Why would I miss a convenience store, you ask?  Because of fika, that’s why!  The convenience stores here have some of the best kanelbullar, and the coffee is delicious!  I will probably have withdrawals without it.  Maybe I should even sign up for kanelbulle-therapy.  In case you were wondering, American 7-Elevens aren’t the same – if they were, Starbucks probably would have gone out of business!  Also, Swedish candy is amazing.  Maybe it’s good that I won’t have access to such good lösgodis in Texas, but I will still be sad.

9.  Hej!  Tack!

It’s so much fun to speak Swedish!  I didn’t really find much time to use it since I was mostly surrounded by other exchange students, but I did go to the language café most weeks, and I’m pretty good at this conversation with ‘Lasse from 7-Eleven’*:

Lasse from 7-Eleven: ‘Hej!’

Me: ‘Hej! En kaffe och en kanelbulle, tack.’

Lasse from 7-Eleven: ‘Tjugofem. Varsågod!’

Me: ‘Tack!’

Even if I didn’t speak so much, though, it was really fun being able to read things!  A foreign language makes even boring things, such as advertisements in the metro, seem exciting.  This means that whenever I got bored, I could entertain myself by reading something that most people wouldn’t even look twice at!  Also, being able to understand what people around me are saying makes things more interesting.  Understanding the language makes things simpler in general and lets you avoid awkward moments such as when you hear an announcement and then wait for a translation that never comes…

8.  Årstiderna

Seasons actually do exist!  We don’t have them in Texas, but it’s good to know that somewhere in the world, you can actually look out your window and watch winter turn to spring.  In Sweden, you don’t actually get to see much of winter because the sun forgets about Sweden most days, but now, it’s bright until well after 22:00!  The long winter also means that Swedes get really excited when the sun finally comes back – the number of outdoor events increases exponentially, starting in April with Valborg and culminating in June with Midsummer, the biggest holiday in Sweden.  I enjoyed both seasons, even though spring didn’t come until May and all of the Swedish people were complaining about how it’s been winter since October.  At least they have seasons to keep things interesting!

7.  Crazy course-scheduling (seriously)

Remember the post I wrote about how strange the course scheduling at KTH is because I have class at random times and at different times every week?  Well, it turns out that this was a pretty nice way to do it, because it meant that I wasn’t trapped by my schedule into never being able to do something.  For example, if I wanted to do go somewhere on a Friday, even though I may have a course on one Friday, I may have the next Friday completely free!  With the fixed schedule that I normally have at UT, if there is something that I want to do that meets at a certain time every week, and I have a class at that time, then I can’t do that activity at all for the entire semester.  So, because my schedule changed every week this semester, I could do different things every week, which meant more opportunities to have fun!  Also, I liked the fact that the courses had fewer, but longer, lectures – I usually only had one or two lectures per day, which meant that I didn’t have to go back and forth to KTH several times per day.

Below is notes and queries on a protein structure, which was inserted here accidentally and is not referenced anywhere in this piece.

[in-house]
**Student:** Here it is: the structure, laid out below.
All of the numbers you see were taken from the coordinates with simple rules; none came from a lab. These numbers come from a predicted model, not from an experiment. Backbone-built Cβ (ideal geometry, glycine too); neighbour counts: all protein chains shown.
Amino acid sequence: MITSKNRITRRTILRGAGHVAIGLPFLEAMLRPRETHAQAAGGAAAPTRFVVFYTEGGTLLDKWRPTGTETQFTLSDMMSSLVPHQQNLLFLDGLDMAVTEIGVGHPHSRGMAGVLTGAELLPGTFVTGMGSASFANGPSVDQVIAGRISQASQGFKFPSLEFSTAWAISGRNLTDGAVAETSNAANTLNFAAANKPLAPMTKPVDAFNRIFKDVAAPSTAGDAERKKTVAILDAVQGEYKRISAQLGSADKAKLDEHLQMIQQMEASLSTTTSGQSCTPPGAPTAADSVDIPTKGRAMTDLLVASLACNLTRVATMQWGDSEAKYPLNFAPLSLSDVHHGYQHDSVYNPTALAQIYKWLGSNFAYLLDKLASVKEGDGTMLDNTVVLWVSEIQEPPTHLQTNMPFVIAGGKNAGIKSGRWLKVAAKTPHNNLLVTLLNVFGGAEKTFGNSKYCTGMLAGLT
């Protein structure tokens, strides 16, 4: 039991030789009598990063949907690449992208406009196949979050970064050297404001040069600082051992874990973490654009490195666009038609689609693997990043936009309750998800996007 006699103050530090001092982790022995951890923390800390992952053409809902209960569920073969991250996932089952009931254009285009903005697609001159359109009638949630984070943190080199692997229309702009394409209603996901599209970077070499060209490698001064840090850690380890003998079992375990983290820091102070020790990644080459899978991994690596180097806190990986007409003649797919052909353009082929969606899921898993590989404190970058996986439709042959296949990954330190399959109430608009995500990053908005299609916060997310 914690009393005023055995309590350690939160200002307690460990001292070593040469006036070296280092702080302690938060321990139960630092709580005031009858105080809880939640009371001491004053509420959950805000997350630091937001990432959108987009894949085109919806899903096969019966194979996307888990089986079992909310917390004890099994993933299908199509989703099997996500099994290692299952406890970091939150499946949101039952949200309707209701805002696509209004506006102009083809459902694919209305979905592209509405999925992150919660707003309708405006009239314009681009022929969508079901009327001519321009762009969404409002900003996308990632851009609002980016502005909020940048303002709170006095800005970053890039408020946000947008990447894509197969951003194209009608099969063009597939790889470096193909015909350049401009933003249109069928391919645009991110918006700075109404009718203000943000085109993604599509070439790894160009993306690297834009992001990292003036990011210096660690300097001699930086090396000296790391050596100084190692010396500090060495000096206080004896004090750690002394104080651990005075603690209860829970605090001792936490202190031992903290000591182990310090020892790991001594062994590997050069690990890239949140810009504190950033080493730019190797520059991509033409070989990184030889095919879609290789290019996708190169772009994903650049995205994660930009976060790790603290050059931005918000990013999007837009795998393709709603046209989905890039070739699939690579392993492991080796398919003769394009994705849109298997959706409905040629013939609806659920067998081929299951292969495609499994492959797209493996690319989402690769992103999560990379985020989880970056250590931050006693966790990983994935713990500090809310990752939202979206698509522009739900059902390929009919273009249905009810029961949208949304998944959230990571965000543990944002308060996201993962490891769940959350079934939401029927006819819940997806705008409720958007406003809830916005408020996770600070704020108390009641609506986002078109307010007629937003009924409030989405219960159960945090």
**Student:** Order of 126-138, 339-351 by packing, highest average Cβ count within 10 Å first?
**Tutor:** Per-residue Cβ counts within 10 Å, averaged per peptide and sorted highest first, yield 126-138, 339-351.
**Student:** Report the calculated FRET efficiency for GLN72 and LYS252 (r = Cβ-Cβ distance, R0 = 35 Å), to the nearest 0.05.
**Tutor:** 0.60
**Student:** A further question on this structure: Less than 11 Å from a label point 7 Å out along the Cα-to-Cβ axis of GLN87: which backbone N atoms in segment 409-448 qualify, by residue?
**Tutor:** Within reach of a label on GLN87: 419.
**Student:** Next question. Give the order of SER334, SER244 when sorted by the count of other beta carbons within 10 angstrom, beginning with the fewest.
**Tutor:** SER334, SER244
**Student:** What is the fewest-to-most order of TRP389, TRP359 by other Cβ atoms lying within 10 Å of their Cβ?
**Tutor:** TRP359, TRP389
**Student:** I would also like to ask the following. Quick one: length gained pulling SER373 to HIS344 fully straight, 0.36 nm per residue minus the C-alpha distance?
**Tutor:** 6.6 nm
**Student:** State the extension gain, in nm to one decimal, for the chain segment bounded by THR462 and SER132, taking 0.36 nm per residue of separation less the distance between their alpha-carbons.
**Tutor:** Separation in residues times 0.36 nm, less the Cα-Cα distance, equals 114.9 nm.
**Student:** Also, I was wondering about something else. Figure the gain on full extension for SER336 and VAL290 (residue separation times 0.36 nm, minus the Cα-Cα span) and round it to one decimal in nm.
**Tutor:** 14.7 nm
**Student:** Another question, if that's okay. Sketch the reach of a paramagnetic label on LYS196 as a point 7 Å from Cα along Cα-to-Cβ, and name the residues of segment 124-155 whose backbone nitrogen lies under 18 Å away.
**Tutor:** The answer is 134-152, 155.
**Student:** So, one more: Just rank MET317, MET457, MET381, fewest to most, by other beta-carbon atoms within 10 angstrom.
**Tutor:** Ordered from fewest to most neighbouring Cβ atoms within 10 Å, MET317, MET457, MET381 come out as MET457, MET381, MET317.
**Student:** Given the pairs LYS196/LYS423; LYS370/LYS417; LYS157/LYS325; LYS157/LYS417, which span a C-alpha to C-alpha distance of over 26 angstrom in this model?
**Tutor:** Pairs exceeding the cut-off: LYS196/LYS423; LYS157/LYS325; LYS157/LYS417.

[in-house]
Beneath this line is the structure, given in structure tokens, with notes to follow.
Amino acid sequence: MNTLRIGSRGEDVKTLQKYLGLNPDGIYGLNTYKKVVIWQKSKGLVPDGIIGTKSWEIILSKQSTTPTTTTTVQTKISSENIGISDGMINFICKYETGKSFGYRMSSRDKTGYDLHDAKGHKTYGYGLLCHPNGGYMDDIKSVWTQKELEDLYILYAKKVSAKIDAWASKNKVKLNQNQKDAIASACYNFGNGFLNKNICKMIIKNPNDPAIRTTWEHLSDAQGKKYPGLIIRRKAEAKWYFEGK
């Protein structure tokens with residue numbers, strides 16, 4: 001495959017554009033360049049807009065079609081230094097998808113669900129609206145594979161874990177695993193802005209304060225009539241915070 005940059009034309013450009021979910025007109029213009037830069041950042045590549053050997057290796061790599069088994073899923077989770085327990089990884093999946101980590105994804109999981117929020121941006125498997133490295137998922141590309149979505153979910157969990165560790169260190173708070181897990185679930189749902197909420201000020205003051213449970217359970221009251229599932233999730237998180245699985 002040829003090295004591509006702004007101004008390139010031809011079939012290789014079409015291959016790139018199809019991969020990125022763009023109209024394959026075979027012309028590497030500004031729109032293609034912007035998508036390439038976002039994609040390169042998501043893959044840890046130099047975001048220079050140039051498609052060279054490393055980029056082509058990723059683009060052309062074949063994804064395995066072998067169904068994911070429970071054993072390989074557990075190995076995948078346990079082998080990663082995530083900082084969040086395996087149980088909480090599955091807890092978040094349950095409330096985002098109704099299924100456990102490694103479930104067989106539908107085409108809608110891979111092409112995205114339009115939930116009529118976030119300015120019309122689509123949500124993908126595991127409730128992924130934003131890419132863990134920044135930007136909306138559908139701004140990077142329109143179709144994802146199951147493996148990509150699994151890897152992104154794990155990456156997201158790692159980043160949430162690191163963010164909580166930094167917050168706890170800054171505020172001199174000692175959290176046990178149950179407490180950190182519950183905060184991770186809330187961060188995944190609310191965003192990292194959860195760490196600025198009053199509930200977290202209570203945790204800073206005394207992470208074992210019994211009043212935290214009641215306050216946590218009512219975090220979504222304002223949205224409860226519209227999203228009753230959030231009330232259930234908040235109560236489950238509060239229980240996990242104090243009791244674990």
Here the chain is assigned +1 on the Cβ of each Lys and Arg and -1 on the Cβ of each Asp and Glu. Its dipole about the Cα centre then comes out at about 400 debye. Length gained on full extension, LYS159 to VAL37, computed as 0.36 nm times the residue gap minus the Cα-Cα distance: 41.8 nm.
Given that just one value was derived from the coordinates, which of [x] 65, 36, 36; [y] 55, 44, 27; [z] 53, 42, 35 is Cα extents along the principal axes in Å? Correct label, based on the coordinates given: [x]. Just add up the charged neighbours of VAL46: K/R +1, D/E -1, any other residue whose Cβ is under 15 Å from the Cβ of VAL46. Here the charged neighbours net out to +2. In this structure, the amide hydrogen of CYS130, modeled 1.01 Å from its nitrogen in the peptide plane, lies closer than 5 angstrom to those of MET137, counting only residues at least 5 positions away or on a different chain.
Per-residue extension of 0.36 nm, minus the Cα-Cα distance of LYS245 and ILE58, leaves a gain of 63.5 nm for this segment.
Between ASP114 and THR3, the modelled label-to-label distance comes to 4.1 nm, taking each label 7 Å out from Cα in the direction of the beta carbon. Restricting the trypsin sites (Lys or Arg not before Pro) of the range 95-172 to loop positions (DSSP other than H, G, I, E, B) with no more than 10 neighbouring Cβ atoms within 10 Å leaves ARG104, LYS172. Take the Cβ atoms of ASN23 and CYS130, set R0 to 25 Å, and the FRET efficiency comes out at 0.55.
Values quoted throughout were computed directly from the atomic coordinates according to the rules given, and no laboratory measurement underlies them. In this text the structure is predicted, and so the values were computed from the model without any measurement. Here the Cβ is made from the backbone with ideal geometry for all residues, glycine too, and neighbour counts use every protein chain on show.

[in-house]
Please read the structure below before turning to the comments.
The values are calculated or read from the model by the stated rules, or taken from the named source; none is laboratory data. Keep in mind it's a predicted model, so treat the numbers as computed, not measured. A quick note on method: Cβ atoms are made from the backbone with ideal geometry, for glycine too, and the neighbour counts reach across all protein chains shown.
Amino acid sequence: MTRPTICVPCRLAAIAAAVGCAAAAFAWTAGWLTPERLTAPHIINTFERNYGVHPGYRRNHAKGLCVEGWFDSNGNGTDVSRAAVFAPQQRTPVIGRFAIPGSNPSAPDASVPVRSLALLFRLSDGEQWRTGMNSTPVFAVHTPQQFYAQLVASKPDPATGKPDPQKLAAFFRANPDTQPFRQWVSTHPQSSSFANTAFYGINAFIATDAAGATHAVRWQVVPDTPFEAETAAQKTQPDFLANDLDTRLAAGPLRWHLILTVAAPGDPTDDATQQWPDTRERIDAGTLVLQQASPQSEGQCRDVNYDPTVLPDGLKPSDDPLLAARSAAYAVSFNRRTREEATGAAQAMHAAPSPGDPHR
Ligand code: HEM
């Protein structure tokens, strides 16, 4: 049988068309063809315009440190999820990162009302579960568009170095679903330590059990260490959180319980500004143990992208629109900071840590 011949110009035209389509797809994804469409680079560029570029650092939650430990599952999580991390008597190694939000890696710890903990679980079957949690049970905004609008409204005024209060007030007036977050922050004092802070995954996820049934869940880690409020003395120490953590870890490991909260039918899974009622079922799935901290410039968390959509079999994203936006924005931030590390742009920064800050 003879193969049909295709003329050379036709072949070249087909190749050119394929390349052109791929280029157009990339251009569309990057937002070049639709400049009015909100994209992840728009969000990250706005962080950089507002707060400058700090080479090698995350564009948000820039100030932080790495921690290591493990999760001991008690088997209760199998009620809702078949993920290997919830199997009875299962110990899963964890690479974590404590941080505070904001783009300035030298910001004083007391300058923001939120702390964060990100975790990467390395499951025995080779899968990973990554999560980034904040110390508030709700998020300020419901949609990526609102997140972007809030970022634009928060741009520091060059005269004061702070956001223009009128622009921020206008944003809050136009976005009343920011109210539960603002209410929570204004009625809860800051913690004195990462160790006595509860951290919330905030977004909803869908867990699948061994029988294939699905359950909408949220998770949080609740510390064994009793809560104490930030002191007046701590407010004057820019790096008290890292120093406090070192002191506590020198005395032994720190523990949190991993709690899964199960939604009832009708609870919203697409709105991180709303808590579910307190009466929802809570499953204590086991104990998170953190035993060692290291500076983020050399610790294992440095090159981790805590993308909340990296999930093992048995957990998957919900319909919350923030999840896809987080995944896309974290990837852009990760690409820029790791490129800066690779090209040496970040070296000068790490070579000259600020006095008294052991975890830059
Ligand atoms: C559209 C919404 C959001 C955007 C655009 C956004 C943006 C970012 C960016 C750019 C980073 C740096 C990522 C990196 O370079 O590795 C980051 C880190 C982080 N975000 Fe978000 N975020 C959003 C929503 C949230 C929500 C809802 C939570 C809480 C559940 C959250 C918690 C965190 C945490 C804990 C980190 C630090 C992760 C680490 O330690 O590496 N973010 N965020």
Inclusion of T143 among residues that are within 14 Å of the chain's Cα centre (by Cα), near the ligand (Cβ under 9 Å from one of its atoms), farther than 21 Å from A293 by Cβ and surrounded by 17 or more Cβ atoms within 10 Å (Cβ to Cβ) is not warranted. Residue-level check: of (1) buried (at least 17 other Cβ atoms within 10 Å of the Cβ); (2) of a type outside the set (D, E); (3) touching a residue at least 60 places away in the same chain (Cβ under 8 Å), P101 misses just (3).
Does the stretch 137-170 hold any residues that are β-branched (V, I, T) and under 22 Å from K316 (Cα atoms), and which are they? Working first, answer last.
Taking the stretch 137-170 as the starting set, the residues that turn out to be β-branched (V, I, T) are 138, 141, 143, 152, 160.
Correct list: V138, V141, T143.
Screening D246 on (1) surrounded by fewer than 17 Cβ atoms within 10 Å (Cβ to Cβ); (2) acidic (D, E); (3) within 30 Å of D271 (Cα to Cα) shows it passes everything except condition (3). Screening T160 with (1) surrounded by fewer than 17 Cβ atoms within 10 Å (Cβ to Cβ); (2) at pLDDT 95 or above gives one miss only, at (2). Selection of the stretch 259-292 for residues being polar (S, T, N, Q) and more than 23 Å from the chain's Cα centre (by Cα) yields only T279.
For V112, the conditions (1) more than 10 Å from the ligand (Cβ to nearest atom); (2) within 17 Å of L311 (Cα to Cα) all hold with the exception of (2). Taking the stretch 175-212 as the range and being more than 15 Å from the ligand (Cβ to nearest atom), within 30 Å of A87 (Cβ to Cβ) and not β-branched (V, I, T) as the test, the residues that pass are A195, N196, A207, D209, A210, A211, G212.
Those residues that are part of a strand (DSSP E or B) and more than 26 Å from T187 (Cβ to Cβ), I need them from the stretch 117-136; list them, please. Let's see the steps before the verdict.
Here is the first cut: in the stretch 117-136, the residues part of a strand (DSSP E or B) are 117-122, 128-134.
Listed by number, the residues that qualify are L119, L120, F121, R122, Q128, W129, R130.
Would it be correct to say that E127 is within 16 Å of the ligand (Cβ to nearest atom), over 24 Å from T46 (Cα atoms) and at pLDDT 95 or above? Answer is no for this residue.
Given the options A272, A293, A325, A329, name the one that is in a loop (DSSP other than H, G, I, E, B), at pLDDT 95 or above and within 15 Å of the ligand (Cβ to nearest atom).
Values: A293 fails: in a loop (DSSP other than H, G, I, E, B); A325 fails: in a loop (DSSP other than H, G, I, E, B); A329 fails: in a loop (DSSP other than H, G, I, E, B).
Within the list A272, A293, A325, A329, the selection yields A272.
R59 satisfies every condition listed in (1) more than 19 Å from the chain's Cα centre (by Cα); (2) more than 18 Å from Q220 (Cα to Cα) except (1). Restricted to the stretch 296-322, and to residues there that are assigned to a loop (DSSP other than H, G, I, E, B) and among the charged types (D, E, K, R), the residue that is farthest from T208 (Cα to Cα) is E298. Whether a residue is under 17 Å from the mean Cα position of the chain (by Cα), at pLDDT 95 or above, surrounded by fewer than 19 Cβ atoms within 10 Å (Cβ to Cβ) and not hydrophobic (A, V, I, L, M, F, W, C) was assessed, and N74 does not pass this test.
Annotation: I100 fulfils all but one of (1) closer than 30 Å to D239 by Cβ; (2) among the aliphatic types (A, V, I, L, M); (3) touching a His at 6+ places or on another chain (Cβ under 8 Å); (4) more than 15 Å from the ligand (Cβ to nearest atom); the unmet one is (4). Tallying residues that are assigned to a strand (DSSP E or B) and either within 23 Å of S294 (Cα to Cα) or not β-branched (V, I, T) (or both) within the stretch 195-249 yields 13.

6.  AB Storstockholms Lokaltrafik

Of course, I will really miss SL, the public transportation system in Stockholm.  It’s so convenient and easy to use, and you can get practically anywhere in the entire county with the public transportation.  To make it even better, the public transportation is almost always running right on schedule, meaning that if you want to go somewhere in Stockholm, you can actually plan your trip beforehand (there’s an app for that!), and you will most likely arrive at your destination within a minute of the scheduled time!  Plus, riding on a train is automatically more exciting than riding in a car!

5.  Travelling

Part of the reason I came here was because I love to travel (obviously).  It’s pretty easy to tell from my previous posts that I’ve been travelling at least twice a month this semester – when I go home, I will have to get used to not having a vacation every other weekend! :/  However, it has been an amazing experience being able to travel throughout Europe and visit places that I have always wanted to visit (and places I knew nothing about until I got here!).  But, there’s still so much more to see, so I have plenty of reason to come back here!

4.  Living in a real city

Because other cities are fake.  Well not really, but I love the fact that in Europe, you can actually live in the city!  Sure, I live in downtown Austin when I’m at UT, but Austin isn’t as nice of a city as Stockholm, and it’s really only the university students who live there – all the normal people live outside the city, in the suburbs.  In Stockholm, the city center really is the city center – people actually go there, because people actually live there!  Of course, there are plenty of suburbs where people also live, but they still pass through the central station on their way to work or school, and downtown Stockholm has plenty of things to do – I’ve even seen people wade-fishing near Gamla Stan!

3.  Living in a national park

Isn’t it amazing that I live in a capital city of two million people, just ten minutes from the city center, and I am surrounded by a national park?!  The Kungliga Nationalstadspark was actually the first ‘national city park’ in the world, and it consists of forests, fields, and lakes, covering a surprisingly huge area right through the center of the city.  Stockholm is about one third buildings, one third water, and one third nature, which makes it a very unique place!  In fact, because Sweden is one of the least densely populated countries in Europe, there is plenty of nature for everyone, and it’s really nice to have such easy access to nature – all I have to do is step outside, and there’s a beach just a five minute walk away!